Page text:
The media dominates our lives and perceptions. We already knew that, but sometimes the depth and variety of ways the media shapes our expectations come as a surprise. Could an ugly person be elected today? A fat one? A short one? A handicapped one? A stuttering one? Blind one? Bald one?
It’s that “double-edged sword” of the media raising its head again. Now that the American public can see and hear the candidates (generally a good thing, right?), we seem to have narrowed potential Presidents down to those people who look and sound good (which is not necessarily ideal). The very medium which expands our view of candidates arbitrarily limits the field.
In our private lives, we try not to judge people by their appearance. Hopefully, our politics and media will come around to that enlightened way of thinking someday soon.
Bill Walsh is a Billerica resident and regular contributor to the Billerica Minute Minuteman.
Source: Billerica Minute Minuteman
June 20: The off-the-rack outfit Michelle Obama wore on ABCs "The View" earlier this week is flying off the shelves. TODAY's Meredith Vieira talks to Donna Ricco, the designer of the dress.
Who is the ideal President of the United States?
What are some positive traits of the “ideal” presidential candidate?
According to an article in American Behavioral Scientist, Judith S. Trent et.all found that Americans in 2001 desired a President who was:
Think about who ran for President in 2008.
· Have any of our ideal traits changed?
· Have these changes been influenced by the media at all?
Think about how American political leaders are depicted on your local and national televised news.
One source of debate regarding television’s coverage of politics is how much information a politician should give. If the politician provides a lengthy explanation of his or her opinions or strategies on a political matter, that person is accused of being too wordy and boring. If the politician gives a brief answer, he or she is accused of providing only a sound bite. A sound bite is usually only a sentence or two at the most. Sometimes, it’s only a phrase, such as “Read my lips: No new taxes.” (This phrase was used by the elder President Bush in his successful 1988 political campaign.) Unfortunately, television news reports often focus on sound bites, so many politicians provide little more than that, hoping to get news coverage.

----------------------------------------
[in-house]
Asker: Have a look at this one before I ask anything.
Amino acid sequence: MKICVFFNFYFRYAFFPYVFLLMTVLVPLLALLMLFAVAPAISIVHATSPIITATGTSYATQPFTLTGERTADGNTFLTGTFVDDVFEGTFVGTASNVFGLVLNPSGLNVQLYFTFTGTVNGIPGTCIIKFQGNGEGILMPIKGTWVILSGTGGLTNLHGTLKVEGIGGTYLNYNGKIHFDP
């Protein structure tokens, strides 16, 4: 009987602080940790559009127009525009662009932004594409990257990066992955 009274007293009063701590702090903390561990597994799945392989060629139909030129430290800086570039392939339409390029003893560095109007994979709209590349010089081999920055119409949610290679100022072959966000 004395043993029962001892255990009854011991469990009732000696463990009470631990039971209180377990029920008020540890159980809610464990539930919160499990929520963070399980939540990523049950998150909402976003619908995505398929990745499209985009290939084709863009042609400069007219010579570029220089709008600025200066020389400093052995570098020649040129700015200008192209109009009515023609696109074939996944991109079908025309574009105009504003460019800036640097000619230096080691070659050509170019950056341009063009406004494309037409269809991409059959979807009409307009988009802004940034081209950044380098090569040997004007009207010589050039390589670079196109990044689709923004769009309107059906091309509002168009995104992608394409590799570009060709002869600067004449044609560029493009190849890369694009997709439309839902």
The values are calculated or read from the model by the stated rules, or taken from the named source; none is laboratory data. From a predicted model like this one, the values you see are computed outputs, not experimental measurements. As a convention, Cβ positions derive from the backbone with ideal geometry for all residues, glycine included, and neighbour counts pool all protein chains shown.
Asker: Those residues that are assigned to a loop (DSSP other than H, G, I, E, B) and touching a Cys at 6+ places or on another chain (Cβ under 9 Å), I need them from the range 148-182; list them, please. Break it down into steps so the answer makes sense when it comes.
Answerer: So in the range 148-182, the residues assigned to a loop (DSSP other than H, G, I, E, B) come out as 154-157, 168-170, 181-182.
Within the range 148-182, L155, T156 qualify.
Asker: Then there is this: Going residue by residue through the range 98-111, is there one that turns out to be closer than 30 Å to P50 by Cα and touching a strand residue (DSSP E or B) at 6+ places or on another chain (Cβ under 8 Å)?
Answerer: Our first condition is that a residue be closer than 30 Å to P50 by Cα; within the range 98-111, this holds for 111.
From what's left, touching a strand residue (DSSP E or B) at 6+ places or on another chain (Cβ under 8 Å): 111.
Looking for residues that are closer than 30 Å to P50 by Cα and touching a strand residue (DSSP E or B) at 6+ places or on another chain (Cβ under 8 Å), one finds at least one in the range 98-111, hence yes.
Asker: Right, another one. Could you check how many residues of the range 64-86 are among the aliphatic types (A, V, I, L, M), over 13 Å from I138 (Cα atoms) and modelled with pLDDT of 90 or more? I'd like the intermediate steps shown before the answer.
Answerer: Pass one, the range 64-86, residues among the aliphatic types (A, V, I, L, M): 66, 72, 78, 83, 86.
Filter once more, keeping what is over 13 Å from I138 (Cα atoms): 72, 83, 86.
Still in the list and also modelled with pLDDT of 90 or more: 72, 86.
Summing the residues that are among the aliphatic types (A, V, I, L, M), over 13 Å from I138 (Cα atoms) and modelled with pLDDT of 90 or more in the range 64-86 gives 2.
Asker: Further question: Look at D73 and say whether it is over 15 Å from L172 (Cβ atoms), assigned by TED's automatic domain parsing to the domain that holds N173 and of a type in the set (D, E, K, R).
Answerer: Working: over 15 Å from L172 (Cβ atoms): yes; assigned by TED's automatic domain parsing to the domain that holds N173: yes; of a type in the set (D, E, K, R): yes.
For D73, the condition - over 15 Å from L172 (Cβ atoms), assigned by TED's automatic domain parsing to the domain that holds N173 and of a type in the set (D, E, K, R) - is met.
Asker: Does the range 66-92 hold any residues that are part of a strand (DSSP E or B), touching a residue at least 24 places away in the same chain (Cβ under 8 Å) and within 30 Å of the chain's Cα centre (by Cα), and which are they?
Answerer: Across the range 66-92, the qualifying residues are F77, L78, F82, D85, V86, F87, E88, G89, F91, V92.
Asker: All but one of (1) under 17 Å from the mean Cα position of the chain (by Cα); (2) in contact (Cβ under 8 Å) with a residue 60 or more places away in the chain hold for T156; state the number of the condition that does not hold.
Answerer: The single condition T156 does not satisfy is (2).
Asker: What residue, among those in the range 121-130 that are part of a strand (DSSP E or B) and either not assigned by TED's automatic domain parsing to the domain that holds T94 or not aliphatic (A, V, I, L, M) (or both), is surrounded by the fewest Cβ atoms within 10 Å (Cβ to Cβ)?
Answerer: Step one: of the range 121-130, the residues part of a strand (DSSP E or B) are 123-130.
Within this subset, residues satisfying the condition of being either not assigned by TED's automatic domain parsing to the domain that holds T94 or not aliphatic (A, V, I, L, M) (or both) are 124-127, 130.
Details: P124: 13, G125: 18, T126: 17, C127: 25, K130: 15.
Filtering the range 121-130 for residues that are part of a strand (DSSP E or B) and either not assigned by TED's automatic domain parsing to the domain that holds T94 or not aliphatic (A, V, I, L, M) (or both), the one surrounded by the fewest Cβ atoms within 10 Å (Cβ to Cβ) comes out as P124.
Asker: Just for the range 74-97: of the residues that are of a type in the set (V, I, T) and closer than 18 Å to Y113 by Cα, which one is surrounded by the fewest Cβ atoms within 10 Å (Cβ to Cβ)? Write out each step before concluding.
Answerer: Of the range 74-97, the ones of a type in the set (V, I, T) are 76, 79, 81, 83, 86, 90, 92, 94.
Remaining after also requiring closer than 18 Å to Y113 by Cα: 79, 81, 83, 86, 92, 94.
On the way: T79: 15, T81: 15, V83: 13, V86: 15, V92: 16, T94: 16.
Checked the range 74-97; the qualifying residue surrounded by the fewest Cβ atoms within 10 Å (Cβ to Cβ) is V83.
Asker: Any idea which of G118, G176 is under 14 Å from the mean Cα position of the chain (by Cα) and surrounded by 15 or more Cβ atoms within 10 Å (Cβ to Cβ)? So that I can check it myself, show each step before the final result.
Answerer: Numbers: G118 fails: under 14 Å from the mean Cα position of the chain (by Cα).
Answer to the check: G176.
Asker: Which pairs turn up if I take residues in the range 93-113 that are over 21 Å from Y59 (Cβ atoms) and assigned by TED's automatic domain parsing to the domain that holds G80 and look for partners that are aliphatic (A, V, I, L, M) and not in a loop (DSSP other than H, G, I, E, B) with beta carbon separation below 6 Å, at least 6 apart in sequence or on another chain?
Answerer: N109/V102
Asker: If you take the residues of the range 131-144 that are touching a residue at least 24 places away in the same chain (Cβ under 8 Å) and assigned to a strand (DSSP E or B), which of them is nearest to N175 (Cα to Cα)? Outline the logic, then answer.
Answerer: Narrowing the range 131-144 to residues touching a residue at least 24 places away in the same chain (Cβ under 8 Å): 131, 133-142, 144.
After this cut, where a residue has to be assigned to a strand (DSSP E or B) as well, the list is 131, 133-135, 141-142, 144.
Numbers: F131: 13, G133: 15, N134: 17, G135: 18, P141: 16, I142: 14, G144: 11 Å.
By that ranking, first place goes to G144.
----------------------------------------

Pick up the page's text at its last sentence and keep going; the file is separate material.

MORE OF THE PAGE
· What would happen if television channels showed all of politicians’ speeches?
· Why do you think sound bites are so commonly used on television?
Nobody is forced to enter politics. Those who do so, do so willingly. Yet it has been said that many qualified individuals leave political office because of the tremendous degree of public scrutiny. Other qualified individuals refuse to run for office altogether because of this scrutiny. Most Americans believe that voters in a democracy are entitled to know important facts about the lives of their political leaders. The question is, what is an important fact?
Source: American Behavioral Scientist